With no wins for over a month and no goals in more than nine hours of football – and most alarming of all no indication whatsoever that City might be about to prevent either of those two statistics from growing – prior to kick-off yesterday all thoughts and speculation concerning who is eventually going to replace Peter Grant, the AGM, Delia selling up or potential new investment could be put aside for 90 minutes.
Because the only thing of real significance to the Canaries supporters at three o'clock yesterday was to see if anything had changed where it matters – on the pitch?
Was there any visible evidence of Norwich resembling a decent Championship side once again. Did the players at any time appear confident in themselves and each other?
Was there a definite shape to the side and a clear direction in the manner in which they were attempting to play and from which the new manager could possibly build upon?
Well, surprising to say that there was.
For 30 minutes on Saturday City were bright and breezy. They moved the ball between themselves quickly and effectively and had high-flying Bristol City pinned back into their own half of the field for long periods in that opening half hour.
David Strihavka and new signing John Hartson were regularly being brought into play with balls in to their feet, and the new strike partnership was causing the visitors' defence problems.
Chances were being made, but they were also depressingly being missed once again, as this seemingly never-ending miserable goal drought continued to rear its ugly head.
After that initial encouraging opening 30 minutes though, and after Adam Dury had departed the field with a knee injury, City worryingly lost their momentum.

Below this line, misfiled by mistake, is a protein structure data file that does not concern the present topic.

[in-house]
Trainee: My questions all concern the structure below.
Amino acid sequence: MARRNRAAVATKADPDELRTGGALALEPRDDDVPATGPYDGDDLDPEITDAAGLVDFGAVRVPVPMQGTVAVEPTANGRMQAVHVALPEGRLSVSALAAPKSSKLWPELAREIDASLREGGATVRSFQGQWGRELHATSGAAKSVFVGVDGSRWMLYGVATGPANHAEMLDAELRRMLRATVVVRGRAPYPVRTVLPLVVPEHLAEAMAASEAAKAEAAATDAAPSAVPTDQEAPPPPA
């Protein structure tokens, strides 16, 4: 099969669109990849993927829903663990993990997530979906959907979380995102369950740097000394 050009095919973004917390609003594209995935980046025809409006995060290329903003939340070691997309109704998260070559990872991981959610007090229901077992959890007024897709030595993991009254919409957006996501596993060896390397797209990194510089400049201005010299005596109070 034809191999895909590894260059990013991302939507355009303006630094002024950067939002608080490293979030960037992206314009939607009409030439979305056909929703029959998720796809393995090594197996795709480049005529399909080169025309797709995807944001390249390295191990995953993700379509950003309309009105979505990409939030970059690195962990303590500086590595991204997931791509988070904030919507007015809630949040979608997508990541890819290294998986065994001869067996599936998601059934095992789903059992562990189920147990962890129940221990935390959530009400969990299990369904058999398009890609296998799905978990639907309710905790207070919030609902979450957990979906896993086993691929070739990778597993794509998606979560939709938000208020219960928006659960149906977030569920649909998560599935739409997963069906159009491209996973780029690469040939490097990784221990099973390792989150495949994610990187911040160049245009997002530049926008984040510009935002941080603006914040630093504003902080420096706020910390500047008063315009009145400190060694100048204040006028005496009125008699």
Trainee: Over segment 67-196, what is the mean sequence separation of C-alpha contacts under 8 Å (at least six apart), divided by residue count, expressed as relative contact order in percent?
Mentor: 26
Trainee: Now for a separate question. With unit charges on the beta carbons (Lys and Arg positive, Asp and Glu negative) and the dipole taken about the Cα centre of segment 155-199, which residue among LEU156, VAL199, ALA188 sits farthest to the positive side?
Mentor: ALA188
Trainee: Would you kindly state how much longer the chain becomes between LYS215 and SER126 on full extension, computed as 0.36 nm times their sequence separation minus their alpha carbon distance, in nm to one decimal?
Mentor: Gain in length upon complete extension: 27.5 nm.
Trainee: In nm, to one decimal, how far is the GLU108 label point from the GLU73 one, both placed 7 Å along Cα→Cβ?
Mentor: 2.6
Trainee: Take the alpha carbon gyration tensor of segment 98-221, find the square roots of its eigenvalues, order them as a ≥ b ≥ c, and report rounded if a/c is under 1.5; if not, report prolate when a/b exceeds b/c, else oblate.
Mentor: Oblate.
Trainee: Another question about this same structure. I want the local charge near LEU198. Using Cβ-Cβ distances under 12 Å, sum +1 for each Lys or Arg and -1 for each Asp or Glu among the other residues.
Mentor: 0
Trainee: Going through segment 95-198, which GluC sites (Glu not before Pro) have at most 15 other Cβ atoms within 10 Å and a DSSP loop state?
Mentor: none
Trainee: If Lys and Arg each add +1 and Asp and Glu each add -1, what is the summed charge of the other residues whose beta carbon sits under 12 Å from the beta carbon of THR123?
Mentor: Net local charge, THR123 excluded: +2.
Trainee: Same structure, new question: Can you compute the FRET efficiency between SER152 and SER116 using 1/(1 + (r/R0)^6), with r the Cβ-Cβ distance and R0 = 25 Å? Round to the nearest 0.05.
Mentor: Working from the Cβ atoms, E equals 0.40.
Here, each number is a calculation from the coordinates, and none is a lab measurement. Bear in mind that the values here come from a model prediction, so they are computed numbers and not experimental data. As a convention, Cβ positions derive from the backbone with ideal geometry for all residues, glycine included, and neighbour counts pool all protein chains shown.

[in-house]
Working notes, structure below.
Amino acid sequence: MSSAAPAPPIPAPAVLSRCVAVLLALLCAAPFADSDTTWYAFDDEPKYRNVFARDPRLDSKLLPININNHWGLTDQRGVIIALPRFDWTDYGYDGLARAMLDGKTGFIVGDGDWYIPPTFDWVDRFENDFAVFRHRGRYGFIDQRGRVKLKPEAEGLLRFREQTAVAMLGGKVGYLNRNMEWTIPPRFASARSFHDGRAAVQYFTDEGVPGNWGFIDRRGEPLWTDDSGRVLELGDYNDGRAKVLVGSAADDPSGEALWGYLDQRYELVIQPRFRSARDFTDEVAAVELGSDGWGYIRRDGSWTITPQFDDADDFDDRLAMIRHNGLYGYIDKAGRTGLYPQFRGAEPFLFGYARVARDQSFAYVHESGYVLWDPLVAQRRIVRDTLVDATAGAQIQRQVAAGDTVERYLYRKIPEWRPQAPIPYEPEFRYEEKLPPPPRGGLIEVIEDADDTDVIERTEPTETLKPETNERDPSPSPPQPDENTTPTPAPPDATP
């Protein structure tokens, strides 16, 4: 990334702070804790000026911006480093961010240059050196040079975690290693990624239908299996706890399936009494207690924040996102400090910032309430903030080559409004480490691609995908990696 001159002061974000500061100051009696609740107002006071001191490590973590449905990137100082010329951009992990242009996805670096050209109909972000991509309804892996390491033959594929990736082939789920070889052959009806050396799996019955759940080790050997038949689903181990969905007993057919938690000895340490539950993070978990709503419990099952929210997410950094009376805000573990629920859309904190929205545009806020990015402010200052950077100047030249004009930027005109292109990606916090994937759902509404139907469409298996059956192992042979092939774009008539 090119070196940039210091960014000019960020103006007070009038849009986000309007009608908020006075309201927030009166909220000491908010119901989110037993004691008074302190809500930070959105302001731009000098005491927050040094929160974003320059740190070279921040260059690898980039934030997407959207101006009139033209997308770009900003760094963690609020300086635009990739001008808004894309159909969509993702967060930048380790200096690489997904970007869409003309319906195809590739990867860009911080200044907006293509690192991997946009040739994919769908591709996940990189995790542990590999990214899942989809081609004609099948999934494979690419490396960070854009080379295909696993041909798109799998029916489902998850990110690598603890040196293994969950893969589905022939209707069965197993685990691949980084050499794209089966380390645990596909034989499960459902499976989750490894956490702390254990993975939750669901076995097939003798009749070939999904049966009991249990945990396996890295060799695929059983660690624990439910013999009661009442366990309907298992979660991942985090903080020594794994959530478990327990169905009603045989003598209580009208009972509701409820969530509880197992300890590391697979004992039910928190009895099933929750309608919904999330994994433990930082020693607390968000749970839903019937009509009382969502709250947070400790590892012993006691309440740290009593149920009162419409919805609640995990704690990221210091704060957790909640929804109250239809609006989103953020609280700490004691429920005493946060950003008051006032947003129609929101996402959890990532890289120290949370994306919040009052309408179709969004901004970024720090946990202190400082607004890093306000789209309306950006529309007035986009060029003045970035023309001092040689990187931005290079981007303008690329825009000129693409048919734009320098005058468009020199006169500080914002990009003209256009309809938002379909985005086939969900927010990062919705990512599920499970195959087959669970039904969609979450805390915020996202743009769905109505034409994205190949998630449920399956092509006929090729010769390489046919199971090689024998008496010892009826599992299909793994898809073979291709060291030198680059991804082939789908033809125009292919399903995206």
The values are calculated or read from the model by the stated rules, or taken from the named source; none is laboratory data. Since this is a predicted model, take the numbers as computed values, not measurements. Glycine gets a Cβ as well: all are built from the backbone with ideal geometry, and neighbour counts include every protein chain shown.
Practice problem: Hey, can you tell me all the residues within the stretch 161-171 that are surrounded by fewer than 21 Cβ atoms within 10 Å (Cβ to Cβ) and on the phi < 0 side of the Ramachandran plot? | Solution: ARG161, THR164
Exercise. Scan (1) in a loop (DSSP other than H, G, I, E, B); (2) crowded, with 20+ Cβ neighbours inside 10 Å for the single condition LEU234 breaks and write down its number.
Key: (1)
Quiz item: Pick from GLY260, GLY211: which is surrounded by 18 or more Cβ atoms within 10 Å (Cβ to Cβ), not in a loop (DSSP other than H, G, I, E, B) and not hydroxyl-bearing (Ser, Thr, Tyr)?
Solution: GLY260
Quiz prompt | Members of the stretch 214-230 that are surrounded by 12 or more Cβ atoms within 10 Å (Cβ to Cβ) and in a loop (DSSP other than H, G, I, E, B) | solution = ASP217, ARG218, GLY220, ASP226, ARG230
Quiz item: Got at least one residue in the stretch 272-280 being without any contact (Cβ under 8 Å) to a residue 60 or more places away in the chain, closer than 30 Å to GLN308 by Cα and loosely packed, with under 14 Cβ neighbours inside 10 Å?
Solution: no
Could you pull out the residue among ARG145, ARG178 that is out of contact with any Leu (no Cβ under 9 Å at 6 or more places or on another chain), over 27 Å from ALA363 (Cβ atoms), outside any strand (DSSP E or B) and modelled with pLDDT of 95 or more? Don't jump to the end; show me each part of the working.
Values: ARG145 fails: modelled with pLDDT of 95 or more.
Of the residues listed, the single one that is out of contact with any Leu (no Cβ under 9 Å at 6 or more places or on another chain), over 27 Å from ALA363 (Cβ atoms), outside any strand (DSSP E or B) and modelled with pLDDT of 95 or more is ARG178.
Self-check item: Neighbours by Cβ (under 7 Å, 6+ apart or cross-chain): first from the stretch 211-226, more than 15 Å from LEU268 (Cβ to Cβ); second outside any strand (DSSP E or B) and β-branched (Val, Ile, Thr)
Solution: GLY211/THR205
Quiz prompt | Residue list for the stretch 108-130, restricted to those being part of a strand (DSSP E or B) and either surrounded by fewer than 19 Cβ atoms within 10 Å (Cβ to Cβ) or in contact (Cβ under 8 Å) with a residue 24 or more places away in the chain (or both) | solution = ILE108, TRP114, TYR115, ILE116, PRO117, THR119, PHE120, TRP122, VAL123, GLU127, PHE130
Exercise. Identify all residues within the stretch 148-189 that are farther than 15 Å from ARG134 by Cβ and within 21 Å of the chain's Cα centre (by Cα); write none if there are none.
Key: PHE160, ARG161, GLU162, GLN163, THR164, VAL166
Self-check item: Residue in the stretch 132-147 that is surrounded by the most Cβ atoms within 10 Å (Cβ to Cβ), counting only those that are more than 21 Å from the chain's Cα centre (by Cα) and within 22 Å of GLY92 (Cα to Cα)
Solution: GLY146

And once Michael McIndoe opened the scoring just four minutes after the restart, Norwich predictably and almost instantaneously transformed into a pale shadow of the inventive and positive attacking outfit they had been at the start of the game.
Suddenly we were now back on familiar ground and witnessing the Canaries devoid of any confidence and creativity whatsoever.
Visitors Bristol City were precisely the opposite, and even when Darren Huckerby threw the Canaries a lifeline with less than ten minutes remaining after cutting inside from the left and squeezing a shot past the 'keeper to draw the sides level, they didn't panic.
Instead – and, in doing so, handing City the perfect a lesson in how to operate with composure and belief when put under pressure ? they simply stepped it up a gear, took the game straight back to their opponents and promptly, and deservedly went won it, and the reaction of the crowd at the final whistle said it all.
Not good enough.
True, there was a modicum of optimism in that at least we had 30 minutes of decent football from the Canaries on Saturday ? a small crumb of comfort and something of a positive nature to cling to I suppose in what has otherwise been a abject season so far- but still second best once again all told, I'm afraid.
It goes without saying that the slate needs wiping clean and it's a case of having to start from scratch?
And 'He' ? whoever it may be – really can't arrive a moment too soon.
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